My point isn’t that we should avoid real-world or job-world applications of mathematics. My point is that for some mathematics that is actually impossible. But that doesn’t mean the mathematics was invented arbitrarily or for no reason or for *malicious* reasons. There was a *need*.

Math sometimes feels purposeless to students, a bunch of rules invented by people who wanted to make children miserable thousands of years in the future. We can put students in a place to experience those purposes instead.

**Previously**

We explored these ideas in a summer series.

]]>Probably 40 years ago, I was an invited guest at a national summer conference whose purpose was to grade the AP Examinations in Calculus. When I arrived, I found myself in the middle of a debate occasioned by the need to evaluate a particular student’s solution of a problem. The problem was to find the volume of a particular solid which was inside a unit three-dimensional cube. The student had set up the relevant integrals correctly, but had made a computational error at the end and came up with an answer in the millions. (He multiplied instead of dividing by some power of 10.) The two sides of the debate had very different ideas about how to allocate the ten possible points. Side 1 argued, “He set everything up correctly, he knew what he was doing, he made a silly numerical error, let’s take off a point.” Side 2 argued, “He must have been sound asleep! How can a solid inside a unit cube have a volume in the millions?! It shows no judgment at all. Let’s give him a point.”

What a fantastic dilemma.

Pollak argues that the student’s error would merit a larger deduction in an applied context than in a pure context. In a real-world context, being wrong by a factor of one million means cities drown, atoms obliterate each other, and species go extinct. In a pure math context, that same error is a more trivial matter of miscomputation.

The trouble is that, to the math teachers in the room, a unit cube *is* a real-world object. They can hold a one-centimeter unit cube in their hands and, more importantly, they can hold it in their minds.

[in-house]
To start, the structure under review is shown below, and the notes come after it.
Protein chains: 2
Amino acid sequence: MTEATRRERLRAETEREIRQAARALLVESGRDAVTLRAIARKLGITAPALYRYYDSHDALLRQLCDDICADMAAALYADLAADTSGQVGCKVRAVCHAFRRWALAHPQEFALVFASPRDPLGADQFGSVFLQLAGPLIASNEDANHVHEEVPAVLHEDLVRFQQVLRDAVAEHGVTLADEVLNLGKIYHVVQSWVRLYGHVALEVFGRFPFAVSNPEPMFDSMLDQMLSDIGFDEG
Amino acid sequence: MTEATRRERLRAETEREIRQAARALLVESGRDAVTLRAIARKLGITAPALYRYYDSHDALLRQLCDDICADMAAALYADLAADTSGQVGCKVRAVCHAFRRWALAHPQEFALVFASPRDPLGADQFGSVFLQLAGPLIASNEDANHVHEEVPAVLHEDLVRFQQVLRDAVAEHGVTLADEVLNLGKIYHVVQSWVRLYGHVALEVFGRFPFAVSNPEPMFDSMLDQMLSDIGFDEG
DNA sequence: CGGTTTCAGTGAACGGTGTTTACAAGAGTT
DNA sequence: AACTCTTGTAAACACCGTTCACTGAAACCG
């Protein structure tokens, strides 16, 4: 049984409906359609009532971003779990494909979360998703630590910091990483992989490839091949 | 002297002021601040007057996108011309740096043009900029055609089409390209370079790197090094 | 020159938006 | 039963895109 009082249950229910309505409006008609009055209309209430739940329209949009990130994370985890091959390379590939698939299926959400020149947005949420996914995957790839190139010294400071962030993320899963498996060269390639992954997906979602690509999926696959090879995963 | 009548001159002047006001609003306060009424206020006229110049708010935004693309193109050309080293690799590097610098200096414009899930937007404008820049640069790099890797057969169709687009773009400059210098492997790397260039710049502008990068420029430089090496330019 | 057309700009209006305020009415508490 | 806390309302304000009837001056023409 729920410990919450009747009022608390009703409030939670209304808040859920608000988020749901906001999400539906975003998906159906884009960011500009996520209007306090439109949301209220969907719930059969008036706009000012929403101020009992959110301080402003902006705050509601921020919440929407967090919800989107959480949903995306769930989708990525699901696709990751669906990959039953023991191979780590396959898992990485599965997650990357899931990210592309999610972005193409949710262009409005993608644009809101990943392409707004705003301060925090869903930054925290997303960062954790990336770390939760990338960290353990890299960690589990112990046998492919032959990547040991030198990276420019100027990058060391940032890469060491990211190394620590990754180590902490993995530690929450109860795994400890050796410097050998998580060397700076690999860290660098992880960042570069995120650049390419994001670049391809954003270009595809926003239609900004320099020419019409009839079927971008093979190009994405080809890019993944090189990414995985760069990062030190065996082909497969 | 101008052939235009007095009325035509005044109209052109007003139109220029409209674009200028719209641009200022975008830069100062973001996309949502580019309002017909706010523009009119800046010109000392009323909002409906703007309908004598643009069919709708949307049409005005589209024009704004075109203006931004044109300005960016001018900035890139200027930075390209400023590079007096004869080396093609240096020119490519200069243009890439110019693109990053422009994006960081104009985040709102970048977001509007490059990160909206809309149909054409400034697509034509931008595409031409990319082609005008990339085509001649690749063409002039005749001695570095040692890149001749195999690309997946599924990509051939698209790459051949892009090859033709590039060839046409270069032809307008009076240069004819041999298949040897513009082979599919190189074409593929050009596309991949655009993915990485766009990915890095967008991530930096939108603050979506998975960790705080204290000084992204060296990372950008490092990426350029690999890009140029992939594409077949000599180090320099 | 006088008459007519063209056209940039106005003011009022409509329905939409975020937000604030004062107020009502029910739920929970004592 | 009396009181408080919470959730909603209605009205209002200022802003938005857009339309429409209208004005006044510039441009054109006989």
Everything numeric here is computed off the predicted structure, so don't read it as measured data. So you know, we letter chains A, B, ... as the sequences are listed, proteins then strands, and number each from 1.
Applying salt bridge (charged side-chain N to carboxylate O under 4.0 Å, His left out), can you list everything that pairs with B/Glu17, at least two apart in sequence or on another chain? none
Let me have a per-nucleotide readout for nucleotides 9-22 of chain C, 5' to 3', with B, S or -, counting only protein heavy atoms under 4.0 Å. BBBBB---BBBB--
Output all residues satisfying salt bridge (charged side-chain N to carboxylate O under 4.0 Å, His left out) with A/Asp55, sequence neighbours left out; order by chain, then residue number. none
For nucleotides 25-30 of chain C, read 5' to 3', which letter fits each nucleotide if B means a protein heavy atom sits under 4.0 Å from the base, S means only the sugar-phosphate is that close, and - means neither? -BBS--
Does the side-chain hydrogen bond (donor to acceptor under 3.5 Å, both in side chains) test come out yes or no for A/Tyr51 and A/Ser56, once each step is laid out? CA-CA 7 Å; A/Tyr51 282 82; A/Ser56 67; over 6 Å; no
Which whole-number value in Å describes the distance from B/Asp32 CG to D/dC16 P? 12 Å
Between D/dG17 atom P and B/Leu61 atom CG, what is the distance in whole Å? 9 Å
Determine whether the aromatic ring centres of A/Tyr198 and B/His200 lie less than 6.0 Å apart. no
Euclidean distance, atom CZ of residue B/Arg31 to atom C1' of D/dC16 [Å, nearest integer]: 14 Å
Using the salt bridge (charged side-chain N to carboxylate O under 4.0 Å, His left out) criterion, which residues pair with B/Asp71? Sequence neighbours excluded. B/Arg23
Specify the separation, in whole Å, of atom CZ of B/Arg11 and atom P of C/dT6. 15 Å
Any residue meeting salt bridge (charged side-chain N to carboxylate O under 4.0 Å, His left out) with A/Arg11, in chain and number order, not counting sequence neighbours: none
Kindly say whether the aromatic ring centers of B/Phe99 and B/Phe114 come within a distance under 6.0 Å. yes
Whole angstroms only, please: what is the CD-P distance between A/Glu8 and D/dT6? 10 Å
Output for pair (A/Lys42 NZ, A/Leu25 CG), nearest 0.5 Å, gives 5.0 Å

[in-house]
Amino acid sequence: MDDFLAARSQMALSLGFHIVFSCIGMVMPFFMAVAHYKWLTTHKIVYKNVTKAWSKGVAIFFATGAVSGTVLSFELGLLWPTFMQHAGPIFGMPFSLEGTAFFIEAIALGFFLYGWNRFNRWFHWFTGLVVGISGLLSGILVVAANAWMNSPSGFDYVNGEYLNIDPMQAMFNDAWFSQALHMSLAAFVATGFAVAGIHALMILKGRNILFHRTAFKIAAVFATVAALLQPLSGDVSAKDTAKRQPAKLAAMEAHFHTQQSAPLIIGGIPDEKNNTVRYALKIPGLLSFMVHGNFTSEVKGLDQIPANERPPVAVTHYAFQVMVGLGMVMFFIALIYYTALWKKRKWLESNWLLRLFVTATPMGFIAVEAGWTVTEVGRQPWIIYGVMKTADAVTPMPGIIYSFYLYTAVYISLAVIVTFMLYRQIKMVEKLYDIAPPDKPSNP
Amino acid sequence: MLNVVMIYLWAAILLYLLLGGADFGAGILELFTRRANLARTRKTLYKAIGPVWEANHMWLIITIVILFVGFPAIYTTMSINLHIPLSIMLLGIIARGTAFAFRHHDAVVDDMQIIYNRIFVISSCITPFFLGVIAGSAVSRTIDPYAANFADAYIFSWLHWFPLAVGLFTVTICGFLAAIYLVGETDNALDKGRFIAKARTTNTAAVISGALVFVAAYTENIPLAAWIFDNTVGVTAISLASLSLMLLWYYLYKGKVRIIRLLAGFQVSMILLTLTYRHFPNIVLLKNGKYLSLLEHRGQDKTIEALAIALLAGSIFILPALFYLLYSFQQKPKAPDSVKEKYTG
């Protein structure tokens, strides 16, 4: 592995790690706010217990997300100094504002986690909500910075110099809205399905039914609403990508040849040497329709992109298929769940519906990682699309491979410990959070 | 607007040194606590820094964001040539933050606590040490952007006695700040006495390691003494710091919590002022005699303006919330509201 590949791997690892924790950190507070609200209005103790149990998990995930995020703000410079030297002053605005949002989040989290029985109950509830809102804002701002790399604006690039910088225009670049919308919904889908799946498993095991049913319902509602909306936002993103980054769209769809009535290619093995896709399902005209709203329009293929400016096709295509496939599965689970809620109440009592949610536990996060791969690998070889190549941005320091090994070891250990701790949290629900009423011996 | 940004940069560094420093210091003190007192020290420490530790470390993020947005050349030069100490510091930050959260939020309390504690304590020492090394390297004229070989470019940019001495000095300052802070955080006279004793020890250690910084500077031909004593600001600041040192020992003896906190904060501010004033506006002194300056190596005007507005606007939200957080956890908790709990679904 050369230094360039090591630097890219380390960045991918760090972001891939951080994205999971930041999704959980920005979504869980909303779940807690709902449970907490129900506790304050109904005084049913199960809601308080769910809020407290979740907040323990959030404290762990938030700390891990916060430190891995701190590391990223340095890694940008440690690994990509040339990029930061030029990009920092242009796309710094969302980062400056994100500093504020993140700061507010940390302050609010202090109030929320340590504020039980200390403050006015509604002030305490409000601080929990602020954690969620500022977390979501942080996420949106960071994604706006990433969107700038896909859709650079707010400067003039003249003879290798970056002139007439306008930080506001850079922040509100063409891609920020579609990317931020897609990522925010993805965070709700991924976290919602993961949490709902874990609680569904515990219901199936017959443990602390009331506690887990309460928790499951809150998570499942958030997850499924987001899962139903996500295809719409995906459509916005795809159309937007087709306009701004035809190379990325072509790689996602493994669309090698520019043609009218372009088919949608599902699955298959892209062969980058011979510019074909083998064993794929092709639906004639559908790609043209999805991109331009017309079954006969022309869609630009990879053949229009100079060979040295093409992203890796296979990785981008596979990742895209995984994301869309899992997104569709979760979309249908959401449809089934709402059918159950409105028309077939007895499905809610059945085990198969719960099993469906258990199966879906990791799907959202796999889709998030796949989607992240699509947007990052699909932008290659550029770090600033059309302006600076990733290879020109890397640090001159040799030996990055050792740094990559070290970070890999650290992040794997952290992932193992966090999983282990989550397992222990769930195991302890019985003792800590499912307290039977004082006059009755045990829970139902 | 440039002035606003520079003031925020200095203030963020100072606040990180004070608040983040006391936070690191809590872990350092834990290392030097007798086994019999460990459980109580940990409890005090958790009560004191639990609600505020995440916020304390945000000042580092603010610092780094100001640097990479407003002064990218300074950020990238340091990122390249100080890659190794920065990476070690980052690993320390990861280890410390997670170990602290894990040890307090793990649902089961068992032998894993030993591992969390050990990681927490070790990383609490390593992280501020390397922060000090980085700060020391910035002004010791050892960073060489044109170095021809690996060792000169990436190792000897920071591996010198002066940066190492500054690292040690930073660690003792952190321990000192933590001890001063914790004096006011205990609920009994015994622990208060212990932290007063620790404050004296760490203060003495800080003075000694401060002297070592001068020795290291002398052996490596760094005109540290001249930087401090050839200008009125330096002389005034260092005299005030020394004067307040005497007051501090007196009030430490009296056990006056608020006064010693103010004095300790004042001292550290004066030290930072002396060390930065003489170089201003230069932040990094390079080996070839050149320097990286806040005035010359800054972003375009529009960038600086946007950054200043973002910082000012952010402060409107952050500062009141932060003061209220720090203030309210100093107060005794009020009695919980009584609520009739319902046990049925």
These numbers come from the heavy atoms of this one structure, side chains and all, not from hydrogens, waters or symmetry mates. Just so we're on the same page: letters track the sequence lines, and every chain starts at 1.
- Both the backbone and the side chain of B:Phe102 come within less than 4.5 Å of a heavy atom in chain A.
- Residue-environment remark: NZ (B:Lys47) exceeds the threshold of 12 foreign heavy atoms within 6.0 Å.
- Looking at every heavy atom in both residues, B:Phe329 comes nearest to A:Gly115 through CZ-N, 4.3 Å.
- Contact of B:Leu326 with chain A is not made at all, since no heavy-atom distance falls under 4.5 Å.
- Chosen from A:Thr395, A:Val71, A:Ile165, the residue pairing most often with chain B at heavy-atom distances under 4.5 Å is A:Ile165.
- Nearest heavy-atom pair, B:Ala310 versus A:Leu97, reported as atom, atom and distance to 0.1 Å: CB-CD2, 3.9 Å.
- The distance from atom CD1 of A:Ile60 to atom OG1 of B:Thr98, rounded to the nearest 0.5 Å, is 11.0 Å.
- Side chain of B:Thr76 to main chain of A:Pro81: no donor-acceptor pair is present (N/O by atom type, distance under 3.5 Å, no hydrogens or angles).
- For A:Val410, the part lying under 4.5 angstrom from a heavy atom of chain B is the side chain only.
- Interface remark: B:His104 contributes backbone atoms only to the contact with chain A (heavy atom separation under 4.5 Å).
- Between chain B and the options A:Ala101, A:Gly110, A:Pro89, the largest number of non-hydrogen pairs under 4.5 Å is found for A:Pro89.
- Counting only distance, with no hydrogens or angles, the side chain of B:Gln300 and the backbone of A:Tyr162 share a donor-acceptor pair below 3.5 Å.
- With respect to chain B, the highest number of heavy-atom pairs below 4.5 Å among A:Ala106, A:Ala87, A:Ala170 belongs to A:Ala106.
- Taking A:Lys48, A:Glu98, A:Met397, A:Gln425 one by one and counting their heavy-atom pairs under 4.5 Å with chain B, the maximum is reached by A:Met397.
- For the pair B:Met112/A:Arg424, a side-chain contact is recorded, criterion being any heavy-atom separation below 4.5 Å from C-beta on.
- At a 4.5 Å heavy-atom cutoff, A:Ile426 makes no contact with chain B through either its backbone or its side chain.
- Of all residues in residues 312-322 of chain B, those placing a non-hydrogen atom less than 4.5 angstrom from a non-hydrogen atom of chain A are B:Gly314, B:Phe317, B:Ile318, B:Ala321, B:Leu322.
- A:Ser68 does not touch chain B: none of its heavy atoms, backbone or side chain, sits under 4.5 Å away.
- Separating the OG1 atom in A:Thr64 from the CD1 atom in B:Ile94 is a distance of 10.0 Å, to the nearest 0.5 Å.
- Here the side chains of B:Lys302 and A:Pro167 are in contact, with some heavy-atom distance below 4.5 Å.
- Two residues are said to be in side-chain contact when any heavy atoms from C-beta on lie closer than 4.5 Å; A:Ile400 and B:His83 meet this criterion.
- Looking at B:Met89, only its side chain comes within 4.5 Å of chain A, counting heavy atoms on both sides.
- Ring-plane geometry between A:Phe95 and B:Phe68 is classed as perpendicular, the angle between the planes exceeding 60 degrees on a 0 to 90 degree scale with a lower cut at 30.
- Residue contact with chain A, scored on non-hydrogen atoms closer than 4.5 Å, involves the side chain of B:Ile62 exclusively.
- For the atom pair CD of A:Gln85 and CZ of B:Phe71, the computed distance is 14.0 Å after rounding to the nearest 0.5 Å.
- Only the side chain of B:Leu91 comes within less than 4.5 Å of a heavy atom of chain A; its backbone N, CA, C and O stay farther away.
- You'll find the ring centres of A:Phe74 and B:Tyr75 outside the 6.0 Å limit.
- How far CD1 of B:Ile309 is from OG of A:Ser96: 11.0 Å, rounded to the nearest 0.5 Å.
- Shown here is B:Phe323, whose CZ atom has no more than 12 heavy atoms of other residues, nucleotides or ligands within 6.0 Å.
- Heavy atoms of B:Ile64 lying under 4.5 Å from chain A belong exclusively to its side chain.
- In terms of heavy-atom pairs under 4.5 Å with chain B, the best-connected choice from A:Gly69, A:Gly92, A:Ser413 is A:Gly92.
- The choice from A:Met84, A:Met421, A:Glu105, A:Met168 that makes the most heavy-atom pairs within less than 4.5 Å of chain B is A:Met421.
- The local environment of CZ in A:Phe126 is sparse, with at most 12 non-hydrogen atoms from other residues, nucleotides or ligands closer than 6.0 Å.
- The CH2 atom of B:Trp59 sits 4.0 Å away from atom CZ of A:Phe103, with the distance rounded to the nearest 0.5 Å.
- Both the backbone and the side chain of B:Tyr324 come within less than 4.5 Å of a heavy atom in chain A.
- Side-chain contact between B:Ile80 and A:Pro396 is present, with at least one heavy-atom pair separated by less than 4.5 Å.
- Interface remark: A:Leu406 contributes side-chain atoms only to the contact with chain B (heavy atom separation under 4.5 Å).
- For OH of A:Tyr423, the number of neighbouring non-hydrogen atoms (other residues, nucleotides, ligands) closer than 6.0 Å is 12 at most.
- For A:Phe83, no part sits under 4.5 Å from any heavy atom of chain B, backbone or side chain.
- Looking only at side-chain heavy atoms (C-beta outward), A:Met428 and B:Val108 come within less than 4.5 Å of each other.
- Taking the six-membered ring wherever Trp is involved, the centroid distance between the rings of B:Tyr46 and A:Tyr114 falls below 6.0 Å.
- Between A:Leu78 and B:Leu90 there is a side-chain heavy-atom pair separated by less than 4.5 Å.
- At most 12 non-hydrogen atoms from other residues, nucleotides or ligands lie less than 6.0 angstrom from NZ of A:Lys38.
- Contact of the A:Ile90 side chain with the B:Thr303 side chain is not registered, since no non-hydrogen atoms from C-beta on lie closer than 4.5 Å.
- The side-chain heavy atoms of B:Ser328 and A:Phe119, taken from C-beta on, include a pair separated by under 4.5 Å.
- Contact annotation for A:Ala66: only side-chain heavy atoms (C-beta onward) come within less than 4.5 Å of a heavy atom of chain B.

The AP graders aren’t arguing about grading. They’re trying to decide *what is real*.

What a fantastic dilemma.

**Featured Comment**

Whenever I wanted to give students the most amount of partial credit, my coop teacher would ask me the poignant question, “What exactly are you assessing?” I found this was a great question to continue asking myself. So, in the example you gave, are you assessing students’ ability to perform mathematical functions correctly or are you assessing their ability to connect those math functions to the real world?

Benjamin Dickman alerts us that Pollak’s piece is online, free, along with a number of his modeling tasks.

]]>**Annie Forest** gives you ten ideas for your last week of class:

Here is my criteria for what makes a good mathy activities for the end of the school year: no/low tech; still incorporate math or problem solving in some way; fun and engaging.

Hey I’ll pitch one in! Here’s an eight-year-old blog post of mine. Every student starts with a 2D paper circle and by the end they’ve collaborated to construct a 3D icosahedron!

**Marissa Walczak** started carrying around a whiteboard as she helps students with their classwork:

If I wanted to show something to students I would always have to ask if I could write on their paper (which I really don’t ever want to do), or I’d have to say “wait for one sec” and then I’d go grab a piece of scratch paper, or I’d draw something on the board and then it’s far away from the group and then everyone sees it even though I don’t want everyone to see it.

**Christine Redemske’s** class takes Popcorn Picker to the literal limit, making cylinders that are shorter and shorter and wider and wider.

**Tina Cardone** gets a lot of mileage out of a very simply-stated arithmetic problem:

]]>In the next question students needed to decide what half of 2^50 would look like. All around the room students wrote 2^25. But children! We just talked about that! And then I realized that 1) it’s far from intuitive, that’s why they included more questions in the book to solidify this idea and 2) the language changed.